Definition of *phusati* in the PTS Dictionary

A bit of confusion here for me that hopefully someone with a bit (or, better yet, a lot) more Pali knowledge might clear up.

The PTS entry for phusati gives two definitions… kind of. The first is straightforward, but the second doesn’t actually include any definition. Rather, it gives an extended explanation of the term’s two supposed Sanskrit derivations with the qualification that this second “definition” is “a specific Pali form.” And it includes no citations.

My question is this: What does it mean in saying “a specific Pali form”? Is the second one not the same phussati/phassa we’re all familiar with? or, does it represent some other (perhaps cognate) term? If so, what is the relationship between these two phusatis?

(Actually, that leads me to ask what the relationship might be between the two Sanskrit derivations for the latter entry and the former–i.e., the common phusati/phassa.)

Thank you.

i understand “phussa” as “touch” or “coming in contact with” or “connecting with”. (similar to “phassa” but not the “contact” as in “phassa paccaya vedana”).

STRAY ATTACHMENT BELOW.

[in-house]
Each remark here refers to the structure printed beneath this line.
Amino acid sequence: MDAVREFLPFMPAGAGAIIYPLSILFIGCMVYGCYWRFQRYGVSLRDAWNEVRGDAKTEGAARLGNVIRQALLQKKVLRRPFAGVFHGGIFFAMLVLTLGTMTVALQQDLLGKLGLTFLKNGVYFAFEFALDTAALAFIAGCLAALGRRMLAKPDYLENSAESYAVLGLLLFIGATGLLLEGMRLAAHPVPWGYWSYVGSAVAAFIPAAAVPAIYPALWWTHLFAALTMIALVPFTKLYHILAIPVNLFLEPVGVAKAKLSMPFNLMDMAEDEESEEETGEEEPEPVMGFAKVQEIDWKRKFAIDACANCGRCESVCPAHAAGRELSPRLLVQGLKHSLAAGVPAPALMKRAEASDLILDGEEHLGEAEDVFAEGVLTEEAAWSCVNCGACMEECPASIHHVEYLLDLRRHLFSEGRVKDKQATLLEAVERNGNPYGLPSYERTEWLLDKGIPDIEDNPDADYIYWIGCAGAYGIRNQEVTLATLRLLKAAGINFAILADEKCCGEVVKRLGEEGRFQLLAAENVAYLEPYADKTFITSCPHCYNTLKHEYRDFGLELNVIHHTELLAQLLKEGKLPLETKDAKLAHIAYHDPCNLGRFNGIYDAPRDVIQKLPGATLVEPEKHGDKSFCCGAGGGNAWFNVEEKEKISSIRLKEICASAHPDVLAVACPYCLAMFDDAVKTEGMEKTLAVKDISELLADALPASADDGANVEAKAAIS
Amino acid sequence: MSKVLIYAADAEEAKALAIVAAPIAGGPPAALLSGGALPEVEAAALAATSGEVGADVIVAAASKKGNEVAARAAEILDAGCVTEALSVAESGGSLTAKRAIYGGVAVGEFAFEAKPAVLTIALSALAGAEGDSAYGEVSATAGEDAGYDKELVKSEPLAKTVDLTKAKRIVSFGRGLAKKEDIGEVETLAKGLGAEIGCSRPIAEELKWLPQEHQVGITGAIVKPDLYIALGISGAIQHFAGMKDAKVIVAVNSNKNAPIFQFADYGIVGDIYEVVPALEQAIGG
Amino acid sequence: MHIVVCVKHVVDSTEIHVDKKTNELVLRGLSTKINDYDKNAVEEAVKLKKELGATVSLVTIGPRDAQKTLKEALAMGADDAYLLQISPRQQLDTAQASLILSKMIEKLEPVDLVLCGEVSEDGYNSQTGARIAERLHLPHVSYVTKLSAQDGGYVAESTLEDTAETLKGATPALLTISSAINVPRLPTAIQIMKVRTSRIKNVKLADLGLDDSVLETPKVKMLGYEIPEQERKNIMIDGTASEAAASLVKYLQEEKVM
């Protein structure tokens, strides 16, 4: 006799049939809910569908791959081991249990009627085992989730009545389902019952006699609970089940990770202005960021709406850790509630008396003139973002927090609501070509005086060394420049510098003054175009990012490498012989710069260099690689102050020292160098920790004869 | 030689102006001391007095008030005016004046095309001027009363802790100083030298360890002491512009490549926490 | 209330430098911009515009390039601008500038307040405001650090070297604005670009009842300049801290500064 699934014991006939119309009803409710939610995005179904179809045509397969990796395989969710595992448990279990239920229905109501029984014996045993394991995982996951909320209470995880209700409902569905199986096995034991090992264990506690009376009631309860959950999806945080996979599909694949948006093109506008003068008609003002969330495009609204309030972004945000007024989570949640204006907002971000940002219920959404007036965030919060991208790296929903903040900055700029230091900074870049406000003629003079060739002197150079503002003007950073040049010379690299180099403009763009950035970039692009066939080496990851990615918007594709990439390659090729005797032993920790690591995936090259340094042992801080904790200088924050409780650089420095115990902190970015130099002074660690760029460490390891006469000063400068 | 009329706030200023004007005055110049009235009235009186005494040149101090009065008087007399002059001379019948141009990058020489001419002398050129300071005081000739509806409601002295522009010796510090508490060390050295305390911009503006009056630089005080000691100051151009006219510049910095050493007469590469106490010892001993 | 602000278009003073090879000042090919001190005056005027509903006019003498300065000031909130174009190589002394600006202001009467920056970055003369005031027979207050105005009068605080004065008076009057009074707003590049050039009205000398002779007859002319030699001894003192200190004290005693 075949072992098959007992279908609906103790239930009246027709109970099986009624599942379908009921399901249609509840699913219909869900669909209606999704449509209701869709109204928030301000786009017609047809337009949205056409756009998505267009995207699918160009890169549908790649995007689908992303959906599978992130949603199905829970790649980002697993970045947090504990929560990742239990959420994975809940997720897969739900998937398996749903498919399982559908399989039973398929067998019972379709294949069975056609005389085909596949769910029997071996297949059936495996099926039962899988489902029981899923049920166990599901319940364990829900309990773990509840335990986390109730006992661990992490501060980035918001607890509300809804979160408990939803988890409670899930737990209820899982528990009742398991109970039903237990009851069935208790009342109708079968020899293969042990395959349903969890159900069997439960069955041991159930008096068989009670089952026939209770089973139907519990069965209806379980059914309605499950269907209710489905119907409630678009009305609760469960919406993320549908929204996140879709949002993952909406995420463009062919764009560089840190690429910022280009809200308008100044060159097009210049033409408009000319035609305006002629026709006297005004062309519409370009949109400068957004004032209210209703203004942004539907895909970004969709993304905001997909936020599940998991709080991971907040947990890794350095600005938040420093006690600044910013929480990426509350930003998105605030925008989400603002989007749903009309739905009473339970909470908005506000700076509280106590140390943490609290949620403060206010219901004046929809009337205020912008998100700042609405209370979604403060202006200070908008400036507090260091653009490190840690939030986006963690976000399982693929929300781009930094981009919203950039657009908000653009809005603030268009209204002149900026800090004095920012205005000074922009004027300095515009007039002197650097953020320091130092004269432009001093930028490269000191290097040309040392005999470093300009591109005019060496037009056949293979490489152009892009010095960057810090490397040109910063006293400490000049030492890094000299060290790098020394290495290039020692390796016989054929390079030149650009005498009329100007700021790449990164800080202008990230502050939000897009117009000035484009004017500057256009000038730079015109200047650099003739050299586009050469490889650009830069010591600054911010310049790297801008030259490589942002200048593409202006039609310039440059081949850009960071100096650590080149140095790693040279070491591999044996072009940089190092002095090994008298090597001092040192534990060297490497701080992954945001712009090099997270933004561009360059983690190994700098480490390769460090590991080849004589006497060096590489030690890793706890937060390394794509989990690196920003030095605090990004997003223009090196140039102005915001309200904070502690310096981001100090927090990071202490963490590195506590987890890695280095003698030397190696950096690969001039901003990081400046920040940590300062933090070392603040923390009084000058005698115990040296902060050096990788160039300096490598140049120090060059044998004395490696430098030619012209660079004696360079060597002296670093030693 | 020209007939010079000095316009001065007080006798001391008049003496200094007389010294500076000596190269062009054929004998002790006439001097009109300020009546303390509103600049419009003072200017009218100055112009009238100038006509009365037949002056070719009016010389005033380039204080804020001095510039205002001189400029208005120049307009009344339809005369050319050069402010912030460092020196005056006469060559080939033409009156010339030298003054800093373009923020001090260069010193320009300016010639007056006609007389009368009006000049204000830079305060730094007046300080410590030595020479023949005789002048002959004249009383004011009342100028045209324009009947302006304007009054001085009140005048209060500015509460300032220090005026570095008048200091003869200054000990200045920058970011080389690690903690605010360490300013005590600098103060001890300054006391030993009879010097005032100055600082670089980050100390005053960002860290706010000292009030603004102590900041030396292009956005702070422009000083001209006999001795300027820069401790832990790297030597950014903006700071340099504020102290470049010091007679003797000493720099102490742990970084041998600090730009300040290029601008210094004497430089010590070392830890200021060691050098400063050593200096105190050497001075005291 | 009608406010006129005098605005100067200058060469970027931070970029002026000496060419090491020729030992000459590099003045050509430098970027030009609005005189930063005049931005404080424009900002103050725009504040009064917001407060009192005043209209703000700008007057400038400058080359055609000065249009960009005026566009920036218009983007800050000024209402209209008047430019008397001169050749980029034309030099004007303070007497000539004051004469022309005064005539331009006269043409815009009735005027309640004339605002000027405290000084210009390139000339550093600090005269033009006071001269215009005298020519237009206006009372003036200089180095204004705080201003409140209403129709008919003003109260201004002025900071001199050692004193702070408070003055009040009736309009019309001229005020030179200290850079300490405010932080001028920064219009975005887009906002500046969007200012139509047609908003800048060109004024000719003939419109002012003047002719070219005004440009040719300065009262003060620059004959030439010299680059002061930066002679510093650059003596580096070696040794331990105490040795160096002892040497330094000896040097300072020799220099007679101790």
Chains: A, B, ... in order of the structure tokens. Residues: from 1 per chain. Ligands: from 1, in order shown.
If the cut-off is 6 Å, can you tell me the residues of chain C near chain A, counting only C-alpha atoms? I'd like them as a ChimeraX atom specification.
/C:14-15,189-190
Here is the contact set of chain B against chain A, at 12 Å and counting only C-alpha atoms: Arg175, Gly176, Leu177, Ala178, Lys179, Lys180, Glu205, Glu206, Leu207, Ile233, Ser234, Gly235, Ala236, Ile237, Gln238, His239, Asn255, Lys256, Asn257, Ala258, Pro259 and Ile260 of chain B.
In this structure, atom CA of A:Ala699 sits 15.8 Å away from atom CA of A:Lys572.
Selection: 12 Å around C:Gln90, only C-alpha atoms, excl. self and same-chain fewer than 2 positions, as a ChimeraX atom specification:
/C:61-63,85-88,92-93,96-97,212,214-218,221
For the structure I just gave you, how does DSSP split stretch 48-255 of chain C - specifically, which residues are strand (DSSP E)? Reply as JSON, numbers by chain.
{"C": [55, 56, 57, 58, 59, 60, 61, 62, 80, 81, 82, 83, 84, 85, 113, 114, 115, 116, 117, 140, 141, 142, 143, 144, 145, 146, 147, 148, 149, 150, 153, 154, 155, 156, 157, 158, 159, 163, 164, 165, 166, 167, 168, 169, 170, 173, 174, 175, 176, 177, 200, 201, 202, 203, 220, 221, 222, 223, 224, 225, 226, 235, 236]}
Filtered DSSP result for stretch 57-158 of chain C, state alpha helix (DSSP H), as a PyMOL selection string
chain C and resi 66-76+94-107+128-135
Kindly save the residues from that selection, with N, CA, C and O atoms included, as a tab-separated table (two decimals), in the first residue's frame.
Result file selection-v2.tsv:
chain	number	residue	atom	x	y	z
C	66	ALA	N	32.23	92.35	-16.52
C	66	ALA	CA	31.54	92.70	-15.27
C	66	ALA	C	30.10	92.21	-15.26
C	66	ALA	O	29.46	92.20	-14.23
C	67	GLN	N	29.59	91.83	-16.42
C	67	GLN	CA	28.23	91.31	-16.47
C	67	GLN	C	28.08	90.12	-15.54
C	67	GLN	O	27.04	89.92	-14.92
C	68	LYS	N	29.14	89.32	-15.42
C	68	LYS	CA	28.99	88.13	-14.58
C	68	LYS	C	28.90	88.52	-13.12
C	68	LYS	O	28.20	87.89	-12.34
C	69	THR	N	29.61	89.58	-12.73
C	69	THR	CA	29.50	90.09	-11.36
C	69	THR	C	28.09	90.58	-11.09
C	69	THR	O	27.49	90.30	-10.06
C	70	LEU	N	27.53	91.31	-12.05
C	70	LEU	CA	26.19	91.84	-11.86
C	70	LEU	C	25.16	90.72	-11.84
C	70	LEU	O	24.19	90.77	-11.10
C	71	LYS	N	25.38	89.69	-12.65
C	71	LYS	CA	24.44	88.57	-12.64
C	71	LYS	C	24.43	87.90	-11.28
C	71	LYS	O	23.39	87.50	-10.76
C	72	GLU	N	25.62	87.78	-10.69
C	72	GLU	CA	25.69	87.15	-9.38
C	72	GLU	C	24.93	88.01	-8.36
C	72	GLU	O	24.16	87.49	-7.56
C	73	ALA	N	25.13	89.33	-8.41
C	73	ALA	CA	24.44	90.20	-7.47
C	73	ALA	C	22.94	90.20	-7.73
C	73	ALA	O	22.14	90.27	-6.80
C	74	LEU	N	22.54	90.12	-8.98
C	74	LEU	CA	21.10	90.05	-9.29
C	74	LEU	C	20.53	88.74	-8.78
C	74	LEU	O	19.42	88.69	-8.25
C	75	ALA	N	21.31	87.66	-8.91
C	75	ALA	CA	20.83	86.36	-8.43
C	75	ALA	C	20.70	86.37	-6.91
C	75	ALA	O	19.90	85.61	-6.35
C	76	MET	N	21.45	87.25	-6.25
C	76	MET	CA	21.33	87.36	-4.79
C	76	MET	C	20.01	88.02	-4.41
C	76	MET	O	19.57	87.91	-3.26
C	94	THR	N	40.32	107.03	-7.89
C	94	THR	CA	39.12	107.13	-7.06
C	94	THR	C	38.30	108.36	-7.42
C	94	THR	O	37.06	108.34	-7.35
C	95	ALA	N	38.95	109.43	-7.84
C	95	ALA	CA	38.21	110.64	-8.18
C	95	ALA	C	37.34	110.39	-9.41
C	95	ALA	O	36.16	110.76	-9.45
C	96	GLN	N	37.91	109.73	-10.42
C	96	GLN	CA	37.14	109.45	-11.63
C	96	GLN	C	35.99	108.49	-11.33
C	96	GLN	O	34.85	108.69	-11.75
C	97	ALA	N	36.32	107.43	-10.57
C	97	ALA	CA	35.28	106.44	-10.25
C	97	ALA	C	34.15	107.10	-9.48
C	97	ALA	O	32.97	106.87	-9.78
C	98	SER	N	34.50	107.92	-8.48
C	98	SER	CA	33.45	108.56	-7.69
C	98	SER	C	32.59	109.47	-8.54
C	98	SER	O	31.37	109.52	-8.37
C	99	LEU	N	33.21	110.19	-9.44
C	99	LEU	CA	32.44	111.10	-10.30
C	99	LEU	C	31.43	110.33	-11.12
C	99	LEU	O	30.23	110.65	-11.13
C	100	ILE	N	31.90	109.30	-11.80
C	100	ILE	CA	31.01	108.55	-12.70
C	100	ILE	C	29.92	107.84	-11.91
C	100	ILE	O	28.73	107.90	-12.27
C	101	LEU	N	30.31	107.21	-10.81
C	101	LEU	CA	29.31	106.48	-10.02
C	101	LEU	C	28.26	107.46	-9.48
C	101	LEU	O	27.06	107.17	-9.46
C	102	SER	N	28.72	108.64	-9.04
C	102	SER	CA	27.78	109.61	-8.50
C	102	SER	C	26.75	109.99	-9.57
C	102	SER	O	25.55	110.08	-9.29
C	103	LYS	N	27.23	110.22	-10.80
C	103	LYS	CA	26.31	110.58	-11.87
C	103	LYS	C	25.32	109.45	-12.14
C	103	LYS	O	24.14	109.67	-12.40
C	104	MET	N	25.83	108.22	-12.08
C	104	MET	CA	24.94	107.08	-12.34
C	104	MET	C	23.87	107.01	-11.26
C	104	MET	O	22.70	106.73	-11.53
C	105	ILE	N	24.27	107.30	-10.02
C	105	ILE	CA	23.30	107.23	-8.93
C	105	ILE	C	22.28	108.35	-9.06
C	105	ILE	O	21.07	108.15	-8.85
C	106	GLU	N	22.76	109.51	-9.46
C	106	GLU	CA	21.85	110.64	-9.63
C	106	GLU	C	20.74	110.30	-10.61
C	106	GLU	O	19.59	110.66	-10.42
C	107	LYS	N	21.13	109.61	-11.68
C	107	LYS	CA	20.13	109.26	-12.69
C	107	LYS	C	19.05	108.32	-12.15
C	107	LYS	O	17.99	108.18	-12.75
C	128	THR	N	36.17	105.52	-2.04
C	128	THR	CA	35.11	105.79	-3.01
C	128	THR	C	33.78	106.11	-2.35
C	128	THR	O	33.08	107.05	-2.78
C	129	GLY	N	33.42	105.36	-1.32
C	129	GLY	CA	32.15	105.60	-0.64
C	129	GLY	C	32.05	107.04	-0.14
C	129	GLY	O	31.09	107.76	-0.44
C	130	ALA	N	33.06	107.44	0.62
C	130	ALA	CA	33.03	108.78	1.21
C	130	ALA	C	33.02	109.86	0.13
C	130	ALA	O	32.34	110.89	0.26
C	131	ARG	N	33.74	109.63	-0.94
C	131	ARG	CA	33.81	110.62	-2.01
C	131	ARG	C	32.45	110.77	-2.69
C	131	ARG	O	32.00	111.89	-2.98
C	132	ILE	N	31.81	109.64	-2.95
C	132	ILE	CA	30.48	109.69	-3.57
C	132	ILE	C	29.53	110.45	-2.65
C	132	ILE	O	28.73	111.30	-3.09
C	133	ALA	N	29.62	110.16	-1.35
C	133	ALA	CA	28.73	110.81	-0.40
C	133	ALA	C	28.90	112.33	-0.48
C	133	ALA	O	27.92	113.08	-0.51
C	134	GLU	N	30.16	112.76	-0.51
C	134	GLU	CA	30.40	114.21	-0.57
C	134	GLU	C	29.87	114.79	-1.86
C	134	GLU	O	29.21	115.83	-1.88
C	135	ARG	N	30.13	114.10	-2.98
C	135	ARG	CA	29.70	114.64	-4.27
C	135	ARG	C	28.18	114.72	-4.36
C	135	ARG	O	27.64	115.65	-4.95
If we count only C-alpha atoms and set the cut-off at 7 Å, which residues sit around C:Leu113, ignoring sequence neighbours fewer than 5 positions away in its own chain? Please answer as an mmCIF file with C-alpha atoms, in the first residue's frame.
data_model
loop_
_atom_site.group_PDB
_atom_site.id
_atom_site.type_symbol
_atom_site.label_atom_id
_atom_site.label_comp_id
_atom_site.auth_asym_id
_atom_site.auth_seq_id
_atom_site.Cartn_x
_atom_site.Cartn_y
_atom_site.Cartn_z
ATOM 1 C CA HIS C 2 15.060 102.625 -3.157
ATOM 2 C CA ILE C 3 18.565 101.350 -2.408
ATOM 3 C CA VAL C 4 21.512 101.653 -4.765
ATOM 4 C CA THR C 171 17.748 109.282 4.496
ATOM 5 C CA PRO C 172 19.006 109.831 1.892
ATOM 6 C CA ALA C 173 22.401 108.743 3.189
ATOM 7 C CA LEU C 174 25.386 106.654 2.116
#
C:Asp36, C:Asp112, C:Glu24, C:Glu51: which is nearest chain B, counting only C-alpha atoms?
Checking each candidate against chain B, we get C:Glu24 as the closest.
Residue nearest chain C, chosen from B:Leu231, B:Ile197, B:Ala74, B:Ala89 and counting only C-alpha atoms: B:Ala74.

navanca kammam na karoti. puranca kammam phussa phussa vyanti karoti. (anguttara nikaya. nigantha sutta). it appears ven. sujato has translated “phussa” as “experiencing”.

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The Rhys Davids PTS dictionary doesn’t have a consistent structure or terminology, like for example Cone’s dictionary, so what “a specific Pali form” means precisely, I’m not sure, but it seems to mean it doesn’t occur in Sanskrit as such. But then this could be added to many other entries which don’t have it…

What I do know, though, is when there are two entries with numbers behind it, like phusai1and phusati2 it means the words are homonyms: they have the same form but are linguistically different in meaning and derivation. (Like bark1 of a dog and bark2 of a tree.) One reason this can happen, as here, is when different Sanskrit roots turn out the same in their Pali form. So its kind of a coincidence and there is no linguistic relation between the two. In this case there are three Sanskrit roots according to the dictionary, but two are so closely linked they are treated under the same entry (phusati2).


I kind of figured as much initially, but there are quite a few things which gave me pause.

First, the three derivations given all seem very close: that is, the two latter ones don’t immediately appear any closer to each other than either of them do to the first, neither orthographically nor semantically. The first root is written spṛś while the second and third are *sp(h)ṛj and *spṛk. The meanings given for the latter two–burst forth and sprinkle–with their obvious rain imagery, look to me like consecutive stages in rainfall; in which case, I see no reason why the more common phusati, “touch,” couldn’t represent the third: i.e., raindrops actually touching or contacting the ground (or whichever surface they chanced to hit).